Written by John Morgan
Build your own park-ready Buffalo
Free plans and build photos
Photos by the author
Featured in the January 2016 issue of Model Aviation.
Download Free Plans
Model type: Semi-profile foam park flyer
Skill level: Intermediate
Construction: 1/4-inch or 6mm Depron foam with 1/8-inch plywood motor mount
Wingspan: 47 inches
Length: 33.5 inches
Weight: 34 ounces
Motor: RCTimer A3548/6 790 Kv outrunner
ESC: HobbyKing 40-amp
Battery: Turnigy 3S 2,200 mAh LiPo
Propeller: ParkZone Bf-109G three-blade; Du-Bro three-blade, 2-inch diameter spinner
Radio system: Turnigy OrangeRx receiver and Turnigy hexTronik HXT900 9-gram servos
Flight duration: 5 to 6 minutes
The Brewster F2A Buffalo was an American fighter designed and built by the Brewster Aeronautical Corporation. It was one of the first monoplane fighters with an arrester hook and won a competition against Grumman’s F4F Wildcat in 1939 to become the Navy’s first monoplane fighter.
By the time the US entered World War II, the Buffalo had become obsolete because of its ever-increasing weight from various modifications without a corresponding increase in power. The F2A only saw combat with US units once at the Battle of Midway, where it was outclassed by Japan’s extraordinary Mitsubishi Zero. After the Battle of Midway, the Buffalo was retired from combat and reassigned to training units.
Several other countries ordered the export version of the Brewster F2A-2 including Britain, Belgium, Netherlands, and Finland. The Finns were the most successful with the Buffalos—flying them against early Soviet aircraft with excellent results.
I have always had an attraction to the Buffalo. There is just something in that tubby, rotund fuselage that pleases my eye. As in most of my scratch-builds, a three-view enlarged on my overhead projector produced the outlines that were needed to develop the plans.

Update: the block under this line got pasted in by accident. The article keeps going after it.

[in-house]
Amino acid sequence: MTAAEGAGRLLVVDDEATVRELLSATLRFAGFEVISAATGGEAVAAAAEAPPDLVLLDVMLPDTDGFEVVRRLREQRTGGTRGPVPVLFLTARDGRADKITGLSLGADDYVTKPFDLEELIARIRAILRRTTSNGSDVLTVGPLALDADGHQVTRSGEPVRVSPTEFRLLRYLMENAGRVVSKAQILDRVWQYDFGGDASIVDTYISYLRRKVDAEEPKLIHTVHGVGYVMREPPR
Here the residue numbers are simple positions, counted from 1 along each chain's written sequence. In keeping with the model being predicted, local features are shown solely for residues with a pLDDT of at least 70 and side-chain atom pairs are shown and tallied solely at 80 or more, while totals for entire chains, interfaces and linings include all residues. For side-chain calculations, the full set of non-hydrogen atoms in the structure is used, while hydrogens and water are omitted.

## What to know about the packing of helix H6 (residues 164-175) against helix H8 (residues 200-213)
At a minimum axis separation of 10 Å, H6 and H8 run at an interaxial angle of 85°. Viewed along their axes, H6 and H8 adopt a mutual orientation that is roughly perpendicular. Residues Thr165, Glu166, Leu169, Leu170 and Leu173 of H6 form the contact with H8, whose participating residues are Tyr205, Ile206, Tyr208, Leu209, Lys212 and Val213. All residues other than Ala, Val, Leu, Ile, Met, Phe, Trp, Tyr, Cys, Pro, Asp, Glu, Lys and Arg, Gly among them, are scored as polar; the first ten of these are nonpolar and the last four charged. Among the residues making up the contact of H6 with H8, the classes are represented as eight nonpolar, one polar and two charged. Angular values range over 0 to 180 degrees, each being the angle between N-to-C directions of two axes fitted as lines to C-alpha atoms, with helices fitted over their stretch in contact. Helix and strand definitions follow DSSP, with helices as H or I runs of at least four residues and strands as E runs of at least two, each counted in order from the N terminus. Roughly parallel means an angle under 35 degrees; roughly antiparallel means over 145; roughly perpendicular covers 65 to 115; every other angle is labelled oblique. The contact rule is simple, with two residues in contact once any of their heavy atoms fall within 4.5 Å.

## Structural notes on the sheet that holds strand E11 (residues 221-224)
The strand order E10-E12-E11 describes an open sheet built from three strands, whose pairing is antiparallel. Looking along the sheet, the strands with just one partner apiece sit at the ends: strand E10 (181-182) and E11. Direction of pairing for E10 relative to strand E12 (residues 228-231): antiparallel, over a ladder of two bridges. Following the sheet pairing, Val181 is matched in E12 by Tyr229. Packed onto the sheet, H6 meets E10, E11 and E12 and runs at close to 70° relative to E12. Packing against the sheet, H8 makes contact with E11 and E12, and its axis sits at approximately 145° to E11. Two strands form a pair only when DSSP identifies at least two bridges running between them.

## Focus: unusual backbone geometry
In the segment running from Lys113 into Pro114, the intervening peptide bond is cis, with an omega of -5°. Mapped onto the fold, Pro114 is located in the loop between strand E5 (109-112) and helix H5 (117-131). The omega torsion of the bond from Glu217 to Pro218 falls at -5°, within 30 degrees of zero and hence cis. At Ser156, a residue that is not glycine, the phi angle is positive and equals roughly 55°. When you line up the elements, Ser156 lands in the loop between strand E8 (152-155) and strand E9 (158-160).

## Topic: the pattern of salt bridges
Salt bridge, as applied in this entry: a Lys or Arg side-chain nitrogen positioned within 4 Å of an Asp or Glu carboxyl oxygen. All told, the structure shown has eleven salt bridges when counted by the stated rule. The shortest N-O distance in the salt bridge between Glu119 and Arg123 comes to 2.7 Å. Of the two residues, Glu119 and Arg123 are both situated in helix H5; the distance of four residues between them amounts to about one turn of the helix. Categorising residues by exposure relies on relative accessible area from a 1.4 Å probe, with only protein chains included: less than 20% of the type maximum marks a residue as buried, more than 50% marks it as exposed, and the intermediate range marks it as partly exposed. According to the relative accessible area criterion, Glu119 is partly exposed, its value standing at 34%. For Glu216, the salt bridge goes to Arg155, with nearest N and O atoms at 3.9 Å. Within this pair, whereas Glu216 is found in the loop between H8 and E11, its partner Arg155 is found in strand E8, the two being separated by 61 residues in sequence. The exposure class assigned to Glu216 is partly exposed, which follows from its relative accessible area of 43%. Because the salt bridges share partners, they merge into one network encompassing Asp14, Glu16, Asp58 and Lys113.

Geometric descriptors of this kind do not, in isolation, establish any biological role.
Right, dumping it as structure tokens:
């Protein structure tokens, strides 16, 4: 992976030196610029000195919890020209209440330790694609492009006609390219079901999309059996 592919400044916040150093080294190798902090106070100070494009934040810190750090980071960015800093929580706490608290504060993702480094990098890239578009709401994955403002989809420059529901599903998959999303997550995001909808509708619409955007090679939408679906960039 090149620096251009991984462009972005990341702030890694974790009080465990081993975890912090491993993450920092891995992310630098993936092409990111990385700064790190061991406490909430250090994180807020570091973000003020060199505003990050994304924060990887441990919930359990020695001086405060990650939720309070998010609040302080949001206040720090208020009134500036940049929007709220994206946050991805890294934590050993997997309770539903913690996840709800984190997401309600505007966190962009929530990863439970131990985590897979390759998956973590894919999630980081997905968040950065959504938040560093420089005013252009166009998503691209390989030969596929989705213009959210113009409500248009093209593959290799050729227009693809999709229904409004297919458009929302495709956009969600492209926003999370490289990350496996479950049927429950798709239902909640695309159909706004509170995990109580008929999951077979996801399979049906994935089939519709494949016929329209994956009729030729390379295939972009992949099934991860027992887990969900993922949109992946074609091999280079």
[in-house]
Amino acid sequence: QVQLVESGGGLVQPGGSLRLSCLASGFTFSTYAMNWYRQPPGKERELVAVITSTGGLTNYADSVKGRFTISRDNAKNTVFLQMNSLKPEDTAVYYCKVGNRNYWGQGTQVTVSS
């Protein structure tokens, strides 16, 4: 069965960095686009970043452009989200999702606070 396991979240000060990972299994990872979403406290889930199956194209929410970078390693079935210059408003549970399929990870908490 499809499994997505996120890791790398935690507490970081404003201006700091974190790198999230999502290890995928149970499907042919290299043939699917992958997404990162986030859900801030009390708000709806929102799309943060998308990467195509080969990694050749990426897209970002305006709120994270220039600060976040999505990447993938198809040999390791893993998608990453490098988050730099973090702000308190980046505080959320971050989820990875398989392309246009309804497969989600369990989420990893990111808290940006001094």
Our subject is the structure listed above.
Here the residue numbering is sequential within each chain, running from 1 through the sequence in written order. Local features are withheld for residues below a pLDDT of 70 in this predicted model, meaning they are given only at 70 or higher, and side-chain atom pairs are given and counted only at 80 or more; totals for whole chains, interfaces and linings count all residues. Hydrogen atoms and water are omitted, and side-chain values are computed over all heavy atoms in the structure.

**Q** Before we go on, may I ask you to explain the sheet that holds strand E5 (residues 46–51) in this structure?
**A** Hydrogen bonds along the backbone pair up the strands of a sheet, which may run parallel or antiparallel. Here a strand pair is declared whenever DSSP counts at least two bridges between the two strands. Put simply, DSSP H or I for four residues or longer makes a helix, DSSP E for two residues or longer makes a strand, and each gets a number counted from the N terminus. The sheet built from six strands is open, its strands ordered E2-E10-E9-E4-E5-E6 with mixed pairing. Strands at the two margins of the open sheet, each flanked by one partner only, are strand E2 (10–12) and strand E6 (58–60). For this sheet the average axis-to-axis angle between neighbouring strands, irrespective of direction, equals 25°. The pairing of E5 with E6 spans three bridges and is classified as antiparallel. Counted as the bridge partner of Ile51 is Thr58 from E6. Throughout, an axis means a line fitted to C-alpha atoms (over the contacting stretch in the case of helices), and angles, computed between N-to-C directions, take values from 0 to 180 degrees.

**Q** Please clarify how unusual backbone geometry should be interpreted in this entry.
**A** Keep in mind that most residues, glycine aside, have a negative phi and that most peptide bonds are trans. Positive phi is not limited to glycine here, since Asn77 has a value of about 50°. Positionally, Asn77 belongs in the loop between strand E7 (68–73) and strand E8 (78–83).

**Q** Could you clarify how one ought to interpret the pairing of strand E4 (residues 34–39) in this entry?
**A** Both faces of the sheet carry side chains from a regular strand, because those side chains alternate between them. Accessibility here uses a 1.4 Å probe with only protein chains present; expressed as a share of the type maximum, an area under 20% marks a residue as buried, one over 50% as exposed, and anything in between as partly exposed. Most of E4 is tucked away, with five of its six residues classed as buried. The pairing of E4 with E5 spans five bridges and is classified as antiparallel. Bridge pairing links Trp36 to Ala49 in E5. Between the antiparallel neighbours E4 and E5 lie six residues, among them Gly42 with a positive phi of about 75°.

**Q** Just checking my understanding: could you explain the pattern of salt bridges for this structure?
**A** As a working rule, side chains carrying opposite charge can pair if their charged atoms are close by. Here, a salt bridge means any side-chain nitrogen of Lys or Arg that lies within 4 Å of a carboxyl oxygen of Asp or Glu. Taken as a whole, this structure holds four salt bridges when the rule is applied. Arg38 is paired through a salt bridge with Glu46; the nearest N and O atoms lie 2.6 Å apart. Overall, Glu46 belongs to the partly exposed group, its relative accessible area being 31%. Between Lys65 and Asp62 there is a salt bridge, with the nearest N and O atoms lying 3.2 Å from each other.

It is a simple and fast build that ends with a lightweight and great-flying model. The model is built mostly from Depron foam, with a small amount of balsa and light plywood thrown in. Let’s get started!
Start by using spray adhesive to stick the parts to the Depron sheets, then cut out all of the parts. This speeds up the building process. Glue the 1/8-inch light plywood motor mount to the firewall and predrill the holes to mount the motor.
All of the parts are cut out, making a kit.
Not shown on the plans are cutouts in the formers for wiring and equipment installation. Place the two fuselage sides together and push holes through the leading edge (LE) and trailing edge (TE) locator points of the wing and stabilizer. This will ensure correct wing/stabilizer incidence later when they are mounted. While the two sides are together, mark former locations on each side.
On a flat building board, glue the flat sections of formers A, B, C, and D to one side, leaving the top tapered section for later and making sure that they are perpendicular to the fuselage side. Now align and glue the other side to these formers, making sure that all is square and true. Draw the two fuselage sides together at the rear and glue, again ensuring that they are square. (We don’t want any bananas here.)
At this point, install formers E and F. When all of that is dry, pull the tops together using masking tape and glue these tapered sections. Add top and bottom sheeting to complete the basic fuselage. Fill in the foam sections to form the cowl, sand the edges to a round shape, and the cowl is ready for covering.
Make sure you create a left and right panel. I like to build both at the same time to avoid mistakes.
For each panel, pin down the bottom sheeting on the building board and cut tapered washout shims for the TE. These shims are not shown on the plans and should be 1/4-inch tall and tapered to a point roughly 16 inches long.
Pin this washout shim under the TE, 1/4-inch tall at the wingtip, to ensure that approximately 3° of washout will be built into the wing panel. Glue the root and tip ribs, plus the LE cap strip to provide the gluing surface for the balsa LE and top sheeting. Add all of the Depron spars that taper from the root to the tip.